It’s my view that journalism can inform and educate Slovak society about how far they’ve come—and how far they have yet to go—in their unprecedented transformation from Communist dictatorship to capitalist democracy.
She accepted my advice, then politely set me straight about what is realistic.
“Thank you for the muza,” she said, using the Slovak word for inspiration. But her bosses want a story per day, every day. There’s no money, no staff, no time to invest in such reporting. Even worse, there’s little interest in what Slovak journalism refers to as publicistika: serious news features, profiles and analysis. It turns out such stories can be bad for business.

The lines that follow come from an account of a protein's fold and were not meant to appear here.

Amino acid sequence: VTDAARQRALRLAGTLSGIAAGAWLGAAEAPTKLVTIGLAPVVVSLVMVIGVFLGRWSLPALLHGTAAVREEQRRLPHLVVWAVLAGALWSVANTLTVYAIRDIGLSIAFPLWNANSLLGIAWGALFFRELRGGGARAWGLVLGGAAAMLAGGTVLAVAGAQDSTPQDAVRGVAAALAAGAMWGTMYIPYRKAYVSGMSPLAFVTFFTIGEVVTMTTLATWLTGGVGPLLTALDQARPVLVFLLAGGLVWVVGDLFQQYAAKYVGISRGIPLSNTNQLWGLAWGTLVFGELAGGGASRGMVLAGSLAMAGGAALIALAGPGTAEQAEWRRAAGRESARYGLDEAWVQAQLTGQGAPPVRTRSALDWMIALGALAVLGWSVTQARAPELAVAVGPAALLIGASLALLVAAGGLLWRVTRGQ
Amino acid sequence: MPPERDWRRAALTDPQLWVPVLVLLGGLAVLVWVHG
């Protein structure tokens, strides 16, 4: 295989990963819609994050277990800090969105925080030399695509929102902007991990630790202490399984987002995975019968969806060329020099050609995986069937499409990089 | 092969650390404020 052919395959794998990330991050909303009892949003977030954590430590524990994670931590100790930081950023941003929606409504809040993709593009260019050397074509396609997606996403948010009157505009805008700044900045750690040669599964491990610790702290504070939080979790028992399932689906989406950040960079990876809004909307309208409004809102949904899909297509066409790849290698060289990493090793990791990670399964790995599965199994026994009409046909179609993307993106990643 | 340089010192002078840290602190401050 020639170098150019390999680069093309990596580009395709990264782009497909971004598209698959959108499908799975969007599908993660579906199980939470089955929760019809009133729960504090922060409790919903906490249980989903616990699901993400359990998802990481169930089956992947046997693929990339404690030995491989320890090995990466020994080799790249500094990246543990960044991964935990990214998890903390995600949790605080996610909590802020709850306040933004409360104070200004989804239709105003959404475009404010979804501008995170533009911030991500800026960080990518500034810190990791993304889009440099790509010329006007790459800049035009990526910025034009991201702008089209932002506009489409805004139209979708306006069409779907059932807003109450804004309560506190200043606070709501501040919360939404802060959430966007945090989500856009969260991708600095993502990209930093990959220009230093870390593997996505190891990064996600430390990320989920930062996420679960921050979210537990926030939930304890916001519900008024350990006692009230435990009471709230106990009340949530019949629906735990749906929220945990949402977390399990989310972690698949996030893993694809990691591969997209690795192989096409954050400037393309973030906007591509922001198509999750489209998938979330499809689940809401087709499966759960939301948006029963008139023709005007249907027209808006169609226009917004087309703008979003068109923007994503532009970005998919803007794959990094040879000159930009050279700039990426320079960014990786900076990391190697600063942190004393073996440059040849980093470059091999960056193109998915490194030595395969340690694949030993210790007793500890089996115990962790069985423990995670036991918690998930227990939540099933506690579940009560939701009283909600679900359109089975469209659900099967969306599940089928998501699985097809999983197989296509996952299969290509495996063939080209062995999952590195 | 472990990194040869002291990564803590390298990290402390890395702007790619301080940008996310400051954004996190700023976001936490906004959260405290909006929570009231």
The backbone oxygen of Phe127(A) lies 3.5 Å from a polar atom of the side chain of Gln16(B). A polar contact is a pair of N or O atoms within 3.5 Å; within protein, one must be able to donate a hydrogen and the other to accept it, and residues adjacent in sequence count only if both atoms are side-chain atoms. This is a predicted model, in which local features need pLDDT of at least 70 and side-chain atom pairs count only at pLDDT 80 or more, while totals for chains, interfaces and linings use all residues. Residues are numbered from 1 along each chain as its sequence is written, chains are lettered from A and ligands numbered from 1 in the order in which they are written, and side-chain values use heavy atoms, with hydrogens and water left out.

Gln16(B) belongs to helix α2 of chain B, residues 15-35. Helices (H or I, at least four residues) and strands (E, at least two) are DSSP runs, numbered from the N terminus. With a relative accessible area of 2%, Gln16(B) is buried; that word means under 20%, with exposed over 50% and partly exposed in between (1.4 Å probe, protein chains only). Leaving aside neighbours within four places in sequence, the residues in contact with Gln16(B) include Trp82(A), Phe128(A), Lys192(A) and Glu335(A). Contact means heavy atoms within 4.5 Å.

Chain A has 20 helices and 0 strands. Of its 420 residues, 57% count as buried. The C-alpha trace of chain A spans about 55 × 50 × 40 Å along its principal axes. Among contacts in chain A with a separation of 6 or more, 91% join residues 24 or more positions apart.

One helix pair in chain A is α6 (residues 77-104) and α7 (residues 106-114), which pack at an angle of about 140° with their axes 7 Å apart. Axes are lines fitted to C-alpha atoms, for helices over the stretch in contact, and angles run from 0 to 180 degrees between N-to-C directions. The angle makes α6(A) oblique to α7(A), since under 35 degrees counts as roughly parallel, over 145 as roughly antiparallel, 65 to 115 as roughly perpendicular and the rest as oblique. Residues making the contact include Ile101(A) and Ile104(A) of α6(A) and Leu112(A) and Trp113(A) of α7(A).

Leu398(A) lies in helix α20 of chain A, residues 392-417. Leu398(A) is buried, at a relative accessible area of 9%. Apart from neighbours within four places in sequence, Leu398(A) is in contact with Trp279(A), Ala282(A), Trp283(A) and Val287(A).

“If I do something on the activists, and they criticize someone, that person can sue me and say it wasn’t balanced,” she told me, her frustration palpable via Skype. “Then I look like a bad guy. There are many cases where reporters tried to go deeper, but it costs the company a lot of money.”
The inevitable consequence is empty, superficial reporting, far from the meaningful truths about Slovak life today—another symptom of democracy’s ill health in this part of the world.
The article above appeared Jan. 3, 2012, in Harvard's Nieman Reports.